We begin the novel Dracula with several chapters featuring Johnathan Harker, who slowly realizes he is in a monstrous situation and slowly transforms from a mild real estate agent to one capable of daring deeds when necessary. Given that we know he knows Dracula has left to London, it is potentially easy to expect when he reenters the narrative that he will reenter a reluctant action hero, ready to take the fight to Dracula for good. However, when he meet him next, he has this to say: “… I do not know if it was all real or the dreaming of a madman. … The secret is here, and I do not want to know it. I want to take up my life here, with our marriage,” (Stoker Pg. 115). Instead of a brave hero, Harker is uncertain and unsure, wanting to sweep it all under the rug and start over like it never happened. Just looking at this part of the text, there could be a number of internal reasons for this response. To utilize therapy speak that Bram Stoker would not have been aware of, this is likely a more realistic trauma response than resolutely deciding to head directly to Dracula’s new house with a gun. However, events in later chapters reveal that this explanation is not why Johnathan wants to bury his experience.
The explanation Johnathan himself gives comes after Mina has journals to Dr. Van Helsing, and the doctor has responded in letter form. He writes, “She showed me in the doctor’s letter that all I had wrote down was true. It seems to have made a new man of me. It was doubt as to the reality of the whole thing that had knocked me over. … But now that I know, I am not afraid, even of the count,” (Stoker Pg. 200). Here is the bold hero we may have expected, 95 pages later. It only took direct proof to banish the uncertainty and make the hero appear. Not that a man Harker has never met saying the experience was true without any evidence counts much for real proof, but no doubt it was the authority granted in Helsing’s title as doctor that did all the work. Note the emphasis of ‘doctor’s letter’ in the first line. There, then. Question answered. Not exactly much to make a blog post over, is it?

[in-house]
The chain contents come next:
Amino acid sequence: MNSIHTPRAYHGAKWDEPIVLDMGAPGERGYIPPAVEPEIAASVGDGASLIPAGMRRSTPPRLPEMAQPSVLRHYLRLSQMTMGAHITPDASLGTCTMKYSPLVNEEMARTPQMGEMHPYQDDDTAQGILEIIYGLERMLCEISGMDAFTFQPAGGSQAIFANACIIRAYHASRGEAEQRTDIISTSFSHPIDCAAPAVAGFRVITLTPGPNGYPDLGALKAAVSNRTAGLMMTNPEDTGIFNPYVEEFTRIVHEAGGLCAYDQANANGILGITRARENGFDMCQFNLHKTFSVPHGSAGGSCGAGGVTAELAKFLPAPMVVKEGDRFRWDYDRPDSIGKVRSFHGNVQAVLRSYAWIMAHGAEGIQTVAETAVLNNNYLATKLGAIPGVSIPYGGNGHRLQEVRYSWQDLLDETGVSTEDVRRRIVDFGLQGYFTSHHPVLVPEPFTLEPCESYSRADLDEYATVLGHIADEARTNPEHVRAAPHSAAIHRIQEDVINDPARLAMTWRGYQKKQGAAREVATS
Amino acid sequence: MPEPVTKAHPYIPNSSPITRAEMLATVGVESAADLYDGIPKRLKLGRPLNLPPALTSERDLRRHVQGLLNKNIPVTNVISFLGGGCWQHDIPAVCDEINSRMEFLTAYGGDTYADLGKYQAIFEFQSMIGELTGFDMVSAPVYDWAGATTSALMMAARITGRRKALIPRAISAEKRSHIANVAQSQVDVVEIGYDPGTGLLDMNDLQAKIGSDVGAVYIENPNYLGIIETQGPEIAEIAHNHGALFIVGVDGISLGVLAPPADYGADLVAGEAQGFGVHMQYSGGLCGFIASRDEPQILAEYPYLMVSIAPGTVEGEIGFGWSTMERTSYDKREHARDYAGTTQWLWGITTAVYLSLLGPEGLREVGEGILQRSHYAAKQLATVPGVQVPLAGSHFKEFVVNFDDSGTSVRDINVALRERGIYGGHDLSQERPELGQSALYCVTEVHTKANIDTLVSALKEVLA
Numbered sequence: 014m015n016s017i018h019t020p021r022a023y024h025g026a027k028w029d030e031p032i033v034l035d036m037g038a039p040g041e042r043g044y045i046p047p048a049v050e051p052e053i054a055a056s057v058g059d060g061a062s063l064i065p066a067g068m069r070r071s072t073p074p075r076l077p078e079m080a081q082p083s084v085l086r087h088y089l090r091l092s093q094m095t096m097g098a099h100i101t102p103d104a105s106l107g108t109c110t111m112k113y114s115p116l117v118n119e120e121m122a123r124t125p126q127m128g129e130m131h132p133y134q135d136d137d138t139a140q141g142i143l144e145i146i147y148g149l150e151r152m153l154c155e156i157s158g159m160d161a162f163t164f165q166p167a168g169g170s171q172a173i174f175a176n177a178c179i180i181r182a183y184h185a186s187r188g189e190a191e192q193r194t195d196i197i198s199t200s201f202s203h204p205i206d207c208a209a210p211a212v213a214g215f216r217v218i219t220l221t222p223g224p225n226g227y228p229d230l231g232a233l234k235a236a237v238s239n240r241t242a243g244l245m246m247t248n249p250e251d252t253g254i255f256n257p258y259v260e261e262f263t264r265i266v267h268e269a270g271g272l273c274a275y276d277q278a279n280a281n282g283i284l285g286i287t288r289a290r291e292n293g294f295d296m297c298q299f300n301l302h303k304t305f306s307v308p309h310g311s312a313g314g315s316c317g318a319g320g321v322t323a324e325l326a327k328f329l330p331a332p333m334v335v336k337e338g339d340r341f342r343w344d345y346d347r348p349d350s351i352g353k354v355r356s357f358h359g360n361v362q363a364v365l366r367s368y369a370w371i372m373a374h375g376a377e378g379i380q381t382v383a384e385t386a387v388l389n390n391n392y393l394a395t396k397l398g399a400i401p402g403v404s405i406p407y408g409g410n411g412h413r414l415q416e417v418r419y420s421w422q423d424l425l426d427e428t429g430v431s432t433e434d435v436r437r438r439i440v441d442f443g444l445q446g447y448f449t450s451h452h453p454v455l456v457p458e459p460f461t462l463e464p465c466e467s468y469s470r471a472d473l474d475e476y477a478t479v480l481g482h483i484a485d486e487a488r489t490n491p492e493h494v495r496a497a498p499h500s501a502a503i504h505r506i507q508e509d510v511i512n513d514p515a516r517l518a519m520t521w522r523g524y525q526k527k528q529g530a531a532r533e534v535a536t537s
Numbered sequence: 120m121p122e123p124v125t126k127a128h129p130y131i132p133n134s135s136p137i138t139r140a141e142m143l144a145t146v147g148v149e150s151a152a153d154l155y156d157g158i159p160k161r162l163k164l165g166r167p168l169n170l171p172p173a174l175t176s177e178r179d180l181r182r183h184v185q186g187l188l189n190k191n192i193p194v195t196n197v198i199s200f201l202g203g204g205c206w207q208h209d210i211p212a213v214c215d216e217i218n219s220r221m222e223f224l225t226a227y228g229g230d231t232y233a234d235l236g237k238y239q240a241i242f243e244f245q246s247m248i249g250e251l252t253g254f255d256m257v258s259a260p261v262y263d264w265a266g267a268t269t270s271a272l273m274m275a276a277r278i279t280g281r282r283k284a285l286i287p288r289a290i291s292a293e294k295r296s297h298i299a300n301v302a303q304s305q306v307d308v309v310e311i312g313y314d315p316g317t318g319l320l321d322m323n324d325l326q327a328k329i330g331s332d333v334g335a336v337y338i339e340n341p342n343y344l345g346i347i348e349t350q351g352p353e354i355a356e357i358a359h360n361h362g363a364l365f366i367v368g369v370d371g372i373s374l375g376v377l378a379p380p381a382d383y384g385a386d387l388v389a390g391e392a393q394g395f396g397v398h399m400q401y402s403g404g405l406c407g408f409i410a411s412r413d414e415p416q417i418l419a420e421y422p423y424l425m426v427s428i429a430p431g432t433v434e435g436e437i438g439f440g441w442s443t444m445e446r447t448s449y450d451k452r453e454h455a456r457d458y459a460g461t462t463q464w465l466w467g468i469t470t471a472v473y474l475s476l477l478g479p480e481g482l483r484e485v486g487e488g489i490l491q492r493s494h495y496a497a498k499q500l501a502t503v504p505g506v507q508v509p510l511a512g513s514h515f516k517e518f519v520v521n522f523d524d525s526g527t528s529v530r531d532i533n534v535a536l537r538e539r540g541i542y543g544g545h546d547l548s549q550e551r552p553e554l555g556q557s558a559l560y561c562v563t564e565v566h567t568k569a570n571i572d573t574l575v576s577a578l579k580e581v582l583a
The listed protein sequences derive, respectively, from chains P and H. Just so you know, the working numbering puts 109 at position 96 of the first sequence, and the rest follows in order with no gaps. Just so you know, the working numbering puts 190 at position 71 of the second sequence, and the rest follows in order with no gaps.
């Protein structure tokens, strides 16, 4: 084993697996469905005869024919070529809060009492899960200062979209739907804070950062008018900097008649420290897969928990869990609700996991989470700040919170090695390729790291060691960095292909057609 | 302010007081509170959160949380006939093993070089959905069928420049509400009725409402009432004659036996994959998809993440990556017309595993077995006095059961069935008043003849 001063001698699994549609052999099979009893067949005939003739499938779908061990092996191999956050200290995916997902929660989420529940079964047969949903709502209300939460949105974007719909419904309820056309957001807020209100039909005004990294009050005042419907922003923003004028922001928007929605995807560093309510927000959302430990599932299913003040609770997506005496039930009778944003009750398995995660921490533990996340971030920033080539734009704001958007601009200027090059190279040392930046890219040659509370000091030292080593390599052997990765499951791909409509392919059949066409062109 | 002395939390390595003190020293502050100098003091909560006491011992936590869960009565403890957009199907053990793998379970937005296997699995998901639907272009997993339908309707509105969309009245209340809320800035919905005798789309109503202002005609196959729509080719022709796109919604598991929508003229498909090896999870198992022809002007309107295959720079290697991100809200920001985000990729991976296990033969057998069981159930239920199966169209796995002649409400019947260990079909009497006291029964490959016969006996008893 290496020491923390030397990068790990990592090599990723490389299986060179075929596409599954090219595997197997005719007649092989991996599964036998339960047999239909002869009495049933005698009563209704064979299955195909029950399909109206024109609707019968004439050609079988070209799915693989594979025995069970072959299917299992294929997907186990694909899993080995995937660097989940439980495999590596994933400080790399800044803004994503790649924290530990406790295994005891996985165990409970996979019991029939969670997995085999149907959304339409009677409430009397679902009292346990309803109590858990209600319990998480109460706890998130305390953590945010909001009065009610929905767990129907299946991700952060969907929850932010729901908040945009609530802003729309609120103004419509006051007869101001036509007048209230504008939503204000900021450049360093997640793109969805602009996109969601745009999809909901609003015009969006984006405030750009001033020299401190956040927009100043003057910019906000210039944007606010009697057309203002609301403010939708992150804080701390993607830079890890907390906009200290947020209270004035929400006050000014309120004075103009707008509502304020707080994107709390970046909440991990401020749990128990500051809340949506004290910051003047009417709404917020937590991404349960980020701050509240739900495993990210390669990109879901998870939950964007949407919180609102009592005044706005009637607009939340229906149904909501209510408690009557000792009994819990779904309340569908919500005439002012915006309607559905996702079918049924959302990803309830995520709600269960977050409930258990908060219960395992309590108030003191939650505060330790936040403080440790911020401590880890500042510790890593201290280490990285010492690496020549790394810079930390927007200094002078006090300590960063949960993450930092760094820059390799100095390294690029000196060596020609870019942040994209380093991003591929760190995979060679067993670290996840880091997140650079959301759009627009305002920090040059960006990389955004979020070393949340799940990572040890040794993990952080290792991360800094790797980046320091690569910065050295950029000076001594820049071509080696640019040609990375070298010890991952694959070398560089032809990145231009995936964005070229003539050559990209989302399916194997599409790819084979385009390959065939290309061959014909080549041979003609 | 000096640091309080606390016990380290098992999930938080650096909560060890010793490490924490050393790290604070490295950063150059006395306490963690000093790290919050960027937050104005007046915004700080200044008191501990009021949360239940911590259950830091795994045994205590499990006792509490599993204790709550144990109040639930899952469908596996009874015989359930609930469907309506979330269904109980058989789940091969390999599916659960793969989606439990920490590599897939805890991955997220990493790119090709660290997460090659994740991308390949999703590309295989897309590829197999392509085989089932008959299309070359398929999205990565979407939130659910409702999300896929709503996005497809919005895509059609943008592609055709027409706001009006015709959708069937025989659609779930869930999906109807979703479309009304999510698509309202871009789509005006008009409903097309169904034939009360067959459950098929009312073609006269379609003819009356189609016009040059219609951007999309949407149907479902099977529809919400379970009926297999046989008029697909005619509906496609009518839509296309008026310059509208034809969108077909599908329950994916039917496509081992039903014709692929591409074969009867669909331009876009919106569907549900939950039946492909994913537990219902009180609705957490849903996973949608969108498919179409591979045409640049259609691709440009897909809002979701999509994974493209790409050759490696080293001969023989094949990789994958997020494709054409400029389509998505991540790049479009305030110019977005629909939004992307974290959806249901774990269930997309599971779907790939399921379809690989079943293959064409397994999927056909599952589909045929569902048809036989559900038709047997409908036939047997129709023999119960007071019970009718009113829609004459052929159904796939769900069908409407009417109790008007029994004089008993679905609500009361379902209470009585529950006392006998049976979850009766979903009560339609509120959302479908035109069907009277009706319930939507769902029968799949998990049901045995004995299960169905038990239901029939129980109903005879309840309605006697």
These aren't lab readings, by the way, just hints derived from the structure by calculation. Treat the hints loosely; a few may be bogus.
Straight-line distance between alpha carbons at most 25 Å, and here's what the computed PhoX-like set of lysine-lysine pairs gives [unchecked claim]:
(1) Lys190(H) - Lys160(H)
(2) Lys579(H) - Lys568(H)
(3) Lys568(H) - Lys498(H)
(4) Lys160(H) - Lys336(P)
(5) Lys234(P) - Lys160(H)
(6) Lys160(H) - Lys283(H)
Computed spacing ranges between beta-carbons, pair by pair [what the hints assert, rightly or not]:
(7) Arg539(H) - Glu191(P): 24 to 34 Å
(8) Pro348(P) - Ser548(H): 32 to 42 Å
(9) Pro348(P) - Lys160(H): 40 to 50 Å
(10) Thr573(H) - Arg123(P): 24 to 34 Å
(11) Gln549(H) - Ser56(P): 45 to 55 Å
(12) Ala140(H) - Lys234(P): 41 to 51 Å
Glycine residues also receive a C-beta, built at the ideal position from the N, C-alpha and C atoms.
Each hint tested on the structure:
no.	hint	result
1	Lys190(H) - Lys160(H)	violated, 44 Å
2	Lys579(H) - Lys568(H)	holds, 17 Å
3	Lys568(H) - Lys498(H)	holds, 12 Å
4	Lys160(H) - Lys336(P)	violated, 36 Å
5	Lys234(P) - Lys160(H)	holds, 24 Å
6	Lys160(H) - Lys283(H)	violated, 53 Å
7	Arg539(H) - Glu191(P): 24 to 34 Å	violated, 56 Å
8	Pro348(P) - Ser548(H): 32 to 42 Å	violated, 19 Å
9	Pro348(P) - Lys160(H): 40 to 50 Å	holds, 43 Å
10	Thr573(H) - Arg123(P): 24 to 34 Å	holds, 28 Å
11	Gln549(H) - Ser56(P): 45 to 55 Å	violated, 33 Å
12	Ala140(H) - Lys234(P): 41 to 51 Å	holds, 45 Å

I disagree. If what was holding him back was uncertainty, why not determine a way to resolve it, instead of burying it? The answer to this question is clear when you look at both quotes. In the first, he is unsure if he went through an awful experience or underwent ‘the dreams of a madman’. This potential of madness means he must do nothing, because to do anything on the matter would risk acting on madness, or even worse, confirming it. The only thing a respectable English man is to do is to forget the matter entirely. Thank goodness Helsing arrives with his ‘doctor’s letter’ certifying truth, and thus sanity, taking the risk of madness from the situation entirely. Johnathan Harker swears he does not fear Dracula, but his fear of being perceived as mad is certainly here to stay.
In Dracula, Bram Stoker shows how the societal pressure against madness led many to hold themselves back in fear.